Thursday, October 29, 2015

Wow, This Amazing Puzzle Will Reveal How Stupid You Are! (Maybe)

You know the Wason selection task. You know all about Linda the bank teller and the conjunction fallacy. You're smart. You'd never fall for those things now! You know it's not more likely that Linda is a bank teller who is active in the feminist movement than that Linda is a bank teller. You know to flip the Wason card that would break the rule rather than the one that would confirm it. Yes, of course!

Here's one I learned in junior high school, which I've never seen studied. I don't know the original source. (If you do, let me know!) Maybe it will be fresh to you. Over the years, when I've presented it orally, I've found that even people with PhDs in philosophy often struggle, though really it's very simple.

A man is looking at a picture. He says,
"Brothers and sons, I have none,
but this person's father is my father's son."
Question: Who is in the picture?

If you think you know the answer, write it down. I don't want any squirreling around about what you had really been thinking!

After you've written down your guess, click through to this post on my Underblog for the answer and discussion.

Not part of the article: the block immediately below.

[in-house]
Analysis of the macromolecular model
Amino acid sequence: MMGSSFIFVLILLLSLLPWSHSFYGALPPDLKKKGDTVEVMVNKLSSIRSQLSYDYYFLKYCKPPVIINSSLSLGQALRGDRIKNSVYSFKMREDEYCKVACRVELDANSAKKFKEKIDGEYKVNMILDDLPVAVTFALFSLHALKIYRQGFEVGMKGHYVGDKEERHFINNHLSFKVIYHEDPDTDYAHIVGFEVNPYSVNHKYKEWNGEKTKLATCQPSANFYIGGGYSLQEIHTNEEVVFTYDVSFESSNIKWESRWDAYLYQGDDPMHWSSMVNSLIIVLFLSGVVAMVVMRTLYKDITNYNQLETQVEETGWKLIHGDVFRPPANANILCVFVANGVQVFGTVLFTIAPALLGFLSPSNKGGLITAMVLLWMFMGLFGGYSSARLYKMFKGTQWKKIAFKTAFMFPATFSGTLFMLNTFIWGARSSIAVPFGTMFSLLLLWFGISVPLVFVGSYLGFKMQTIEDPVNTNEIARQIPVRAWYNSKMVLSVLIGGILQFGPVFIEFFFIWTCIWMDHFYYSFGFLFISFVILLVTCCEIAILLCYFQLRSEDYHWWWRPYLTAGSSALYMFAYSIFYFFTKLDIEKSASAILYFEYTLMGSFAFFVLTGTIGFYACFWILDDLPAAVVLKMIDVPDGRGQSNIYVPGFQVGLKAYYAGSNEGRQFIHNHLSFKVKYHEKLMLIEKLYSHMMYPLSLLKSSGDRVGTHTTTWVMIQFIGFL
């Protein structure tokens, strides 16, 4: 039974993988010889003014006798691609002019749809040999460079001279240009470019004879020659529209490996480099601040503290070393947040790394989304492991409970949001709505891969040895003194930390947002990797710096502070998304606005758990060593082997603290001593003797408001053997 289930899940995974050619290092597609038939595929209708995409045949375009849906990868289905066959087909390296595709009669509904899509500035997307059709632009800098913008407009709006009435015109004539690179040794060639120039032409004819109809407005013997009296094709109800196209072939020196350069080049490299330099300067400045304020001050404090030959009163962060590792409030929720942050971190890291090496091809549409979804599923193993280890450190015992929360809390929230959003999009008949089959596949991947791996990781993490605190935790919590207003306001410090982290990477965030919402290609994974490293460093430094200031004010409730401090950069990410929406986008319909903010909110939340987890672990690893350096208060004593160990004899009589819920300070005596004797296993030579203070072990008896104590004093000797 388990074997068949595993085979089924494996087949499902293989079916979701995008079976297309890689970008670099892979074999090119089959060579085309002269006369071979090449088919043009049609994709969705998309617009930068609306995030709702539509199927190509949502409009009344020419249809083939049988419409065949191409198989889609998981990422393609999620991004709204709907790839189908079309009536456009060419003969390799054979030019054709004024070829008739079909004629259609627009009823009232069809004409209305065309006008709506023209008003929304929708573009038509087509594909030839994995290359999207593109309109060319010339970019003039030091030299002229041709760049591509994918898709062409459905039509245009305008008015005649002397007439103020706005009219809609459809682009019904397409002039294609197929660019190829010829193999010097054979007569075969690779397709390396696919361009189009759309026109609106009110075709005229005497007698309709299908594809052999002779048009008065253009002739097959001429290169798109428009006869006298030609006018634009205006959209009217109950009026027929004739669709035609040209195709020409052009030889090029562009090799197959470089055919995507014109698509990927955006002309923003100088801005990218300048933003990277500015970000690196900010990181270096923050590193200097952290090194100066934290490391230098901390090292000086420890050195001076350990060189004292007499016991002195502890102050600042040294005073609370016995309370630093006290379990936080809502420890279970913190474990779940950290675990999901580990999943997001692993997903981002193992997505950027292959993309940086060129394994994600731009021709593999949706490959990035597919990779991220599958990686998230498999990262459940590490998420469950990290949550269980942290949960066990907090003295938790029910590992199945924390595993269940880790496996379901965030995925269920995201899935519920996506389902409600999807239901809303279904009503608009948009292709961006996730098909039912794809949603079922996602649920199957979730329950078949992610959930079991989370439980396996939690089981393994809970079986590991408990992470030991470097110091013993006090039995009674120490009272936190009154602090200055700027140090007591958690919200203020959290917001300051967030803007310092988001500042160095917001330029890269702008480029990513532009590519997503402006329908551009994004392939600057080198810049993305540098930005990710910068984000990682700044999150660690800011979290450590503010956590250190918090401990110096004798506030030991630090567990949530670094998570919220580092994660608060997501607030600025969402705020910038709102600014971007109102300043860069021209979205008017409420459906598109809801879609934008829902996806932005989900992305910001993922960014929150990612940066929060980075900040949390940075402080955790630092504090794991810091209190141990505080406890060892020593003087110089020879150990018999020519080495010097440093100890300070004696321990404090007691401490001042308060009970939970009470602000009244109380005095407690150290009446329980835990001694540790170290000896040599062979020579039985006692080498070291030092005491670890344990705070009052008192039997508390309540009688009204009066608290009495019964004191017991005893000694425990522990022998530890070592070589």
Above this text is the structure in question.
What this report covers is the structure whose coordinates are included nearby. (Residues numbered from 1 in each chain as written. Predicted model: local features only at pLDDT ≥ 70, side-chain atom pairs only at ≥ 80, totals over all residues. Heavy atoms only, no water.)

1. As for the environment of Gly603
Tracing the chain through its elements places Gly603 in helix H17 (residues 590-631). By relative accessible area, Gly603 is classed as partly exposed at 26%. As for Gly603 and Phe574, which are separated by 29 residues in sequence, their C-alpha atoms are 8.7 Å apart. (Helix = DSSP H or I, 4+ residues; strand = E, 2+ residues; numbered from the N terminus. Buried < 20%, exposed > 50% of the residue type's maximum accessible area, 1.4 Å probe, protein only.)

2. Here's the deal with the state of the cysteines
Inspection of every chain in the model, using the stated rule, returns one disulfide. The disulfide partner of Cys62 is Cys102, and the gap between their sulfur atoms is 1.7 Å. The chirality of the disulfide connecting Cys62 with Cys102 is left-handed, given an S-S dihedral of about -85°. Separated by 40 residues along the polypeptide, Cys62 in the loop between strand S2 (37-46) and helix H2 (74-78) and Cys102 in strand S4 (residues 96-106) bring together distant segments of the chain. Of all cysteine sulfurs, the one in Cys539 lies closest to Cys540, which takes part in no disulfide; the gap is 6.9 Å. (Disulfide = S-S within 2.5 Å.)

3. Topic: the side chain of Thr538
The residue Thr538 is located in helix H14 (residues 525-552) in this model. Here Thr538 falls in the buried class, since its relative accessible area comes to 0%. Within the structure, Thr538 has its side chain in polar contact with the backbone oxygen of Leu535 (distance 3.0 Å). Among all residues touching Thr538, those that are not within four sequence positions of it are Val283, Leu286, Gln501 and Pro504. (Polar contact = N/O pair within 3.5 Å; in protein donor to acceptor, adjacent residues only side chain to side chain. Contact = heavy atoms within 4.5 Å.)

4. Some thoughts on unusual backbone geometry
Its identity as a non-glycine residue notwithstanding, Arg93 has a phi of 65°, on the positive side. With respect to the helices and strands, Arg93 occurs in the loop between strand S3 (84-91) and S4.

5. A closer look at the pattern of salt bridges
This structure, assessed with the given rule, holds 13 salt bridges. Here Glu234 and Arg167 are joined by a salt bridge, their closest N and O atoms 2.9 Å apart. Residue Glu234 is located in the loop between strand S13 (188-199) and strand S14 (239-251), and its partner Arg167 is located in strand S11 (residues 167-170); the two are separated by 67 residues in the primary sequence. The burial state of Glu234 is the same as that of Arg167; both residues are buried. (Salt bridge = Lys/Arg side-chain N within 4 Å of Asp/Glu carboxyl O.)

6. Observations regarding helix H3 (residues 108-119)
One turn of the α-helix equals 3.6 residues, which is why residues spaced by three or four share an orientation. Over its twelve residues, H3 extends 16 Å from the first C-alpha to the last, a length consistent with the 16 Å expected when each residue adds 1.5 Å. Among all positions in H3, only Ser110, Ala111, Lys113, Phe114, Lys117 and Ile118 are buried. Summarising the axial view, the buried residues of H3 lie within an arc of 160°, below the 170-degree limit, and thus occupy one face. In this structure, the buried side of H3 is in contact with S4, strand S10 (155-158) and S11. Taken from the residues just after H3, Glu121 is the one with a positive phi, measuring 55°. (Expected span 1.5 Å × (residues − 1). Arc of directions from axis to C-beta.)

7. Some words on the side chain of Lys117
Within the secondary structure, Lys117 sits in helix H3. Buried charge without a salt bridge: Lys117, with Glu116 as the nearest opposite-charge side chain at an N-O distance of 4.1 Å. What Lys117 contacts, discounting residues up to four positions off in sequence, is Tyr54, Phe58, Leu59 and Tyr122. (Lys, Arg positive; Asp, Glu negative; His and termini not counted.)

[image adapted from here]

6 comments:

Rineke Verbrugge said...

A slight variation is in Jeffrey's Formal Logic, see https://books.google.nl/books?id=iqvsjhvZCgcC&pg=PA49&lpg=PA49&dq=brothers+and+sisters+i+have+none+but+this+man%27s+father+%22Formal+logic%22+jeffrey&source=bl&ots=rgil8VTVjt&sig=YxIut2HSik-tXMehH1GSOxdynFk&hl=nl&sa=X&ved=0CCAQ6AEwAGoVChMIkIfMnLToyAIVAs8aCh395gK6#v=onepage&q=brothers%20and%20sisters%20i%20have%20none%20but%20this%20man%27s%20father%20%22Formal%20logic%22%20jeffrey&f=false

I'm sure that wasn't the first occurrence of that version, though.

As to your version (which I like better), I don't know its origin, but I did find an occurrence from 2005 here, without the correct answer: http://www.librarium-online.com/forums/off-topic/50522-riddles-46.html

Luke said...

Drawing a diagram is the way to go. The same works for the Monty Hall problem, which has apparently stumped some maths PhDs!

Rhys Southan said...

I'm not sure if this is the original source, but this is in "What is the Name of This Book?" by Raymond Smullyan

Eric Schwitzgebel said...

Thanks for those sources, Rineke and Rhys!

howard berman said...

Do you suppose practice in perspective taking can improve performance on such tasks? Or is it hardwired? And is it linked to Dunker's functional fixedness? And do women or artist's or children fare better on this puzzle?

Callan S. said...

Monty Haul problem just seems to be bringing in rules (1,2 and 3) latter on. That's bait and switch.